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- Subject: RE: split/join
- From: "Eric Ries" <eries@...>
- Date: Tue, 24 Jul 2001 10:09:07 -0700
I want to give my full support to this notion of a centralized Lua code
repository. However, I think we should look to other successful repositories
for guidance on how it should work. Personally, I have always been impressed
with the quality and caliber of CPAN, the central Perl archive. They have
tons of high-quality modules available for download. They've even developed
their own perl-based packaging and download tools, so that you can easily
install modules and follow dependencies, etc.
We don't need all that functionality right away, of course. We just need an
archive. Heck, CPAN started as just an FTP site. It's also important that
users take ownership of their module and at least attempt to support it. I
think we've got a pretty good tradition of this in the Lua community, with
great tools like toLua available and generally supported.
Anyway, that's just my $.02. I don't have a server, but I would be willing
to volunteer as a maintainer if one gets started.
> -----Original Message-----
> From: email@example.com
> [mailto:firstname.lastname@example.org]On Behalf Of John Passaniti
> Sent: Tuesday, July 24, 2001 8:43 AM
> To: Multiple recipients of list
> Subject: RE: split/join
> > Some things to consider:
> > * Several robust wiki's are just a single cgi script.
> I like the DolphinWiki. No real documentation, but it has a very flexible
> template-based approach that can be extended nicely. It's in Perl, but
> don't hold that against it... 8-)
> > * If there was a wiki at tecgraf / lua.org, the Lua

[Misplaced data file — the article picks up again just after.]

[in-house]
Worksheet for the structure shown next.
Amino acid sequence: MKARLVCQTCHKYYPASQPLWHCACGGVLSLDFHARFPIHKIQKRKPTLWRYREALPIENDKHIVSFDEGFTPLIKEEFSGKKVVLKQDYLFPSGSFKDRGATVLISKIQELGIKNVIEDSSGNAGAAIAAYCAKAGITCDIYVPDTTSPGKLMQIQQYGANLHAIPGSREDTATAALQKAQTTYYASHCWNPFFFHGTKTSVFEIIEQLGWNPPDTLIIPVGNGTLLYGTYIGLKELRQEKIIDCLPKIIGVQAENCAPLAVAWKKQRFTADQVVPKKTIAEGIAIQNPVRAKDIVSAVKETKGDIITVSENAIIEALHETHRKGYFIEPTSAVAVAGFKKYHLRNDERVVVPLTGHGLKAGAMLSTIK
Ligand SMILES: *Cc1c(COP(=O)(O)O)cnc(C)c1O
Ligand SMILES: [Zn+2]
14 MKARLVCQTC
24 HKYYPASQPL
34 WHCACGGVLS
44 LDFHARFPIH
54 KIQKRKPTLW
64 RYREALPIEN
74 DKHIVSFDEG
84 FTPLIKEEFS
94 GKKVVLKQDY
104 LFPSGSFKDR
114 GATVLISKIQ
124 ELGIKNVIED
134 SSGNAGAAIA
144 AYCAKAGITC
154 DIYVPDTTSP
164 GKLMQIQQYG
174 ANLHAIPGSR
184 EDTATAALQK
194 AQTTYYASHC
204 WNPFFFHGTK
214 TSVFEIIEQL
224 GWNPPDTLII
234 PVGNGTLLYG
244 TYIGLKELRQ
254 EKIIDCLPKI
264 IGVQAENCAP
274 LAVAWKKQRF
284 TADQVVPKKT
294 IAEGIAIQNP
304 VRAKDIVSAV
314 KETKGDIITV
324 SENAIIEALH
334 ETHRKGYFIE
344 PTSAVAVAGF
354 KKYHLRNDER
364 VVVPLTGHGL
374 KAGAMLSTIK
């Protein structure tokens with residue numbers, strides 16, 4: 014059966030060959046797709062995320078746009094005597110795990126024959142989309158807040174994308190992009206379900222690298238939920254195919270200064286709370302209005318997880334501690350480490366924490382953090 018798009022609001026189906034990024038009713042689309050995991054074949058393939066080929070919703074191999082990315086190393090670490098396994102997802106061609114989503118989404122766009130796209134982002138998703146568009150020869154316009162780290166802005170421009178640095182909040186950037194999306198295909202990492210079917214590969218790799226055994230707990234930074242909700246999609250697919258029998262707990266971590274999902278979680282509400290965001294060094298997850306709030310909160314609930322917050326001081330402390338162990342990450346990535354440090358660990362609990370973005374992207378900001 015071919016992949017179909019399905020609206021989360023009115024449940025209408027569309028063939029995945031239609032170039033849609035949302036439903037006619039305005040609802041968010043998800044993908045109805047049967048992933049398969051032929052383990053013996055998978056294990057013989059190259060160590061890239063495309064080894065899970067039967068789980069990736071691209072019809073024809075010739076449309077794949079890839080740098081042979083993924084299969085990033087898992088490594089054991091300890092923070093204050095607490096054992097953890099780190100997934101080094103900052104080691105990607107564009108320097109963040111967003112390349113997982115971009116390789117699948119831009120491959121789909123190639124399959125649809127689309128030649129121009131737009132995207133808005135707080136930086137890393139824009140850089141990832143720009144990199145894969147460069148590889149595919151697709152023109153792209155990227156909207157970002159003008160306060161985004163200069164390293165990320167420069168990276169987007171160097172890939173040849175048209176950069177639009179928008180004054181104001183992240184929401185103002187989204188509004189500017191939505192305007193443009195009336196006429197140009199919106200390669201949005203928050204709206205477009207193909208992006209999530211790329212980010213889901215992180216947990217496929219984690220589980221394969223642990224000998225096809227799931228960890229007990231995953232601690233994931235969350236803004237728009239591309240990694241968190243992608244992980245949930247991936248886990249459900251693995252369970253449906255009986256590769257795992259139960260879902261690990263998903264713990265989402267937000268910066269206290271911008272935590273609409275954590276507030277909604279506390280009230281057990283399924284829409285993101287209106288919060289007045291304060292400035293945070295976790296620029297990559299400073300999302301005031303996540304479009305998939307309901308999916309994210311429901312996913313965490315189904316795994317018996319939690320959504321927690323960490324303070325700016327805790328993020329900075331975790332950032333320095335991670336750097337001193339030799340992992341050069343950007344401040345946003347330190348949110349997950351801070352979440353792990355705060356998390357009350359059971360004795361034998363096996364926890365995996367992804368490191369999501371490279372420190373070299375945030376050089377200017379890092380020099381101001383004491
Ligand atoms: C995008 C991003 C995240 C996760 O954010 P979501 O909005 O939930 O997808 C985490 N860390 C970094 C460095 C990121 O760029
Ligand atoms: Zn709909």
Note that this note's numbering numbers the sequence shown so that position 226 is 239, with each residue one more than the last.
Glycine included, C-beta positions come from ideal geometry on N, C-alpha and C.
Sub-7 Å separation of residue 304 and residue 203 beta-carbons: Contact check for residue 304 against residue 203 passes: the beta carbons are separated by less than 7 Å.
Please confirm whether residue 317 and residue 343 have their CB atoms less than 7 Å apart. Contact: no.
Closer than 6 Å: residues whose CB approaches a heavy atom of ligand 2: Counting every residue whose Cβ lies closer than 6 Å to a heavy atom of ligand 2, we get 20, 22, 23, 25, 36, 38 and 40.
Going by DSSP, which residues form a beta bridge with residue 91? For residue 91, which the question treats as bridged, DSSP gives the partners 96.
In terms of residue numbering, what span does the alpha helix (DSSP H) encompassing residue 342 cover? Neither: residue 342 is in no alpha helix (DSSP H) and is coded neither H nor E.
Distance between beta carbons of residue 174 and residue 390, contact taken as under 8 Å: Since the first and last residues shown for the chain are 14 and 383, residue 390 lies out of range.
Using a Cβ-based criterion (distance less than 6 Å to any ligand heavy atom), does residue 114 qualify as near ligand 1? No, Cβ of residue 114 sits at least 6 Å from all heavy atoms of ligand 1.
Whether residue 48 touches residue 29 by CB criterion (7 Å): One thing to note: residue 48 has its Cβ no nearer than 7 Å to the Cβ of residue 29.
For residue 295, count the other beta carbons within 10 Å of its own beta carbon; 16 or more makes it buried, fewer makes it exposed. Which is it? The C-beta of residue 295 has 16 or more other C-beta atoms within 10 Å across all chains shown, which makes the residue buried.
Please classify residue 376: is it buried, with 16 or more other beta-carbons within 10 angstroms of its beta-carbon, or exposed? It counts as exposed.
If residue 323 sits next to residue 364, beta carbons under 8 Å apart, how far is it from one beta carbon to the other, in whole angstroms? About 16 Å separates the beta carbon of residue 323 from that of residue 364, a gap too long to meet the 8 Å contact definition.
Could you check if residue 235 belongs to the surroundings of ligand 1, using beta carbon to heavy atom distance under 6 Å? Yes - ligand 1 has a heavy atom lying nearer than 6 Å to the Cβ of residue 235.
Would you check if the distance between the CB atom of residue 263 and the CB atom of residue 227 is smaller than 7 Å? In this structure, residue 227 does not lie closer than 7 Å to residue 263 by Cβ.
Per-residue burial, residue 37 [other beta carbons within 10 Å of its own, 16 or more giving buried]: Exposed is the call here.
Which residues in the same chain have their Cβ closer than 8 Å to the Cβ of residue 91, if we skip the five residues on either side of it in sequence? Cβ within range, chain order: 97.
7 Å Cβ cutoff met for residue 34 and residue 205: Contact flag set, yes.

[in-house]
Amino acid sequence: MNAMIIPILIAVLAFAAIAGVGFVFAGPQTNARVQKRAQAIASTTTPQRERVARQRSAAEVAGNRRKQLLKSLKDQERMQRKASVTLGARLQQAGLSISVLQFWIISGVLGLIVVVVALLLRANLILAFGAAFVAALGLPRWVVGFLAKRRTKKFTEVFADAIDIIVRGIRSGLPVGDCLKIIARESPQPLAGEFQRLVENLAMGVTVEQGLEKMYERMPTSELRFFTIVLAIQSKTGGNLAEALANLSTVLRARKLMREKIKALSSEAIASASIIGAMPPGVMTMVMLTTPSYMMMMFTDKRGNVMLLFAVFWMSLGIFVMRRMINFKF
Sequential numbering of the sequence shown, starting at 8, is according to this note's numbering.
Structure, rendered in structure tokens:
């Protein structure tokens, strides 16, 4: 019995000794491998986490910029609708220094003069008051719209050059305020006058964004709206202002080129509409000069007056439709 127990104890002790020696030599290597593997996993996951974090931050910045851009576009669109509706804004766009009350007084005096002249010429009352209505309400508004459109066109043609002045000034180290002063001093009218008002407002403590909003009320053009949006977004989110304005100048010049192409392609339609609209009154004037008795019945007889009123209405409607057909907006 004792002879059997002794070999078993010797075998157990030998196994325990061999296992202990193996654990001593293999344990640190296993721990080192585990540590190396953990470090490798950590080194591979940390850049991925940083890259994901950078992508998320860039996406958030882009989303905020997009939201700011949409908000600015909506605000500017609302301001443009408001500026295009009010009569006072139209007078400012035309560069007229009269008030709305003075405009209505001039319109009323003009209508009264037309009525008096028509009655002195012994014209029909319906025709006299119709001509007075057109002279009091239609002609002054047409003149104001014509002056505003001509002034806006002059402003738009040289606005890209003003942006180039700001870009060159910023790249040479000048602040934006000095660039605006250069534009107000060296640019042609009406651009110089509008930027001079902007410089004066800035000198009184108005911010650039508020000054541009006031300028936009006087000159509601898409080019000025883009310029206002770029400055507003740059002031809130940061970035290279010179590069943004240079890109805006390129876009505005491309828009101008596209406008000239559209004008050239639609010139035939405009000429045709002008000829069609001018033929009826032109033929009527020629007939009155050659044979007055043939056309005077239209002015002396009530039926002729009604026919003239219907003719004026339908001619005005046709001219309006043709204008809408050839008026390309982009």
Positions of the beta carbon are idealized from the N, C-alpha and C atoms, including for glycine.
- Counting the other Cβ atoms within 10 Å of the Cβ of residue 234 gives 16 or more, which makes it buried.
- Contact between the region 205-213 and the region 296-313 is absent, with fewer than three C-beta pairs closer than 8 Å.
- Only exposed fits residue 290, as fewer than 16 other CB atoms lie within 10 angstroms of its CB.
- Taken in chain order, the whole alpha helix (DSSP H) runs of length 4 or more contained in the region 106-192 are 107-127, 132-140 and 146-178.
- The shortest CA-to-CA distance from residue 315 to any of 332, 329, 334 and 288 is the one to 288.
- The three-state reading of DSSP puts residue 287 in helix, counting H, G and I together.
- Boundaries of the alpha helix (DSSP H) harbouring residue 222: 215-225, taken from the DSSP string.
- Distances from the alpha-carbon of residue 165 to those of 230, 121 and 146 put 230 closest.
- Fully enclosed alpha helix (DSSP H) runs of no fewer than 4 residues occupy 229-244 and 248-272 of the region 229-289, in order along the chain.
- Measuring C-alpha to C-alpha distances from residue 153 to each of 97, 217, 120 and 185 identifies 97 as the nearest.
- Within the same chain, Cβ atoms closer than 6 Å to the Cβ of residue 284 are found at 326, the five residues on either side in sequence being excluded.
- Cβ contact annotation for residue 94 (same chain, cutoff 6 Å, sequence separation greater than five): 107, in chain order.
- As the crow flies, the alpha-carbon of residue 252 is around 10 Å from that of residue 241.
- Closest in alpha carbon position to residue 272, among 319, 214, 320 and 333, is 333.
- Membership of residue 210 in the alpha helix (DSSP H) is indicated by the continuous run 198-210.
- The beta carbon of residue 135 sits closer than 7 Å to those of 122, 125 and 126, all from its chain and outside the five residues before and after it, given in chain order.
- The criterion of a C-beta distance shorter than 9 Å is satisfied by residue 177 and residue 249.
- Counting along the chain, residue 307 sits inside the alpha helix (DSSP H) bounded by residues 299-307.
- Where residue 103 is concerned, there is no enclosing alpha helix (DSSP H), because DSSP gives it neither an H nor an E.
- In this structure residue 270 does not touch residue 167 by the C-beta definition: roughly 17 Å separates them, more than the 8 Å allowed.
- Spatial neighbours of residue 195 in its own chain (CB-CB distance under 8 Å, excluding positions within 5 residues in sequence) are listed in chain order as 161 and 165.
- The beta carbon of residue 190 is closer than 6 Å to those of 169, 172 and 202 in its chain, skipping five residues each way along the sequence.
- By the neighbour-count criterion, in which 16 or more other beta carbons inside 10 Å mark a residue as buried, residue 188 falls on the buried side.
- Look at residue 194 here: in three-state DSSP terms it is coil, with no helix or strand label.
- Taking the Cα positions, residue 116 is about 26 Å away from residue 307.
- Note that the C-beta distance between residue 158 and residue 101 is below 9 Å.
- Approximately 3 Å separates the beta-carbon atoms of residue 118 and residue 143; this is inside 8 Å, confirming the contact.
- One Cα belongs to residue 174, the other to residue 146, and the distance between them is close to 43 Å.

> > authors would lose the complete control they
> > currently have over the site content.
> Nope. There is nothing intrinsic about Wiki and Wiki-like systems that
> *requires* public access. While it is certainly true that "out
> of the box"
> most Wiki and Wiki-like software grants public access to allow anyone to
> edit anything, that is more an artifact of the Wiki community's
> rather than some intrinsic feature about the software. I run two Wiki
> systems that only I have the ability to edit.
> Most Wiki software doesn't have any built-in security. So you either have
> to add it, or you use the protections provided by your web server's
> authentication. Given that most Wiki implementations are ridiculously
> simple, it's often not a hard thing to add.
> > * Lua is an embedded language, and so code is not
> > generally portable. This limits the effectiveness
> > of exchanging sample code.
> I don't understand this claim. I've seen (and contributed) plenty of code
> in this mailing list that I've been able to apply. Certainly if someone
> writes code that is highly specific to their application, then it probably
> won't be of much use. But even in those cases, sometimes seeing
> a technique
> used by someone else triggers an idea in how to more effectively use Lua.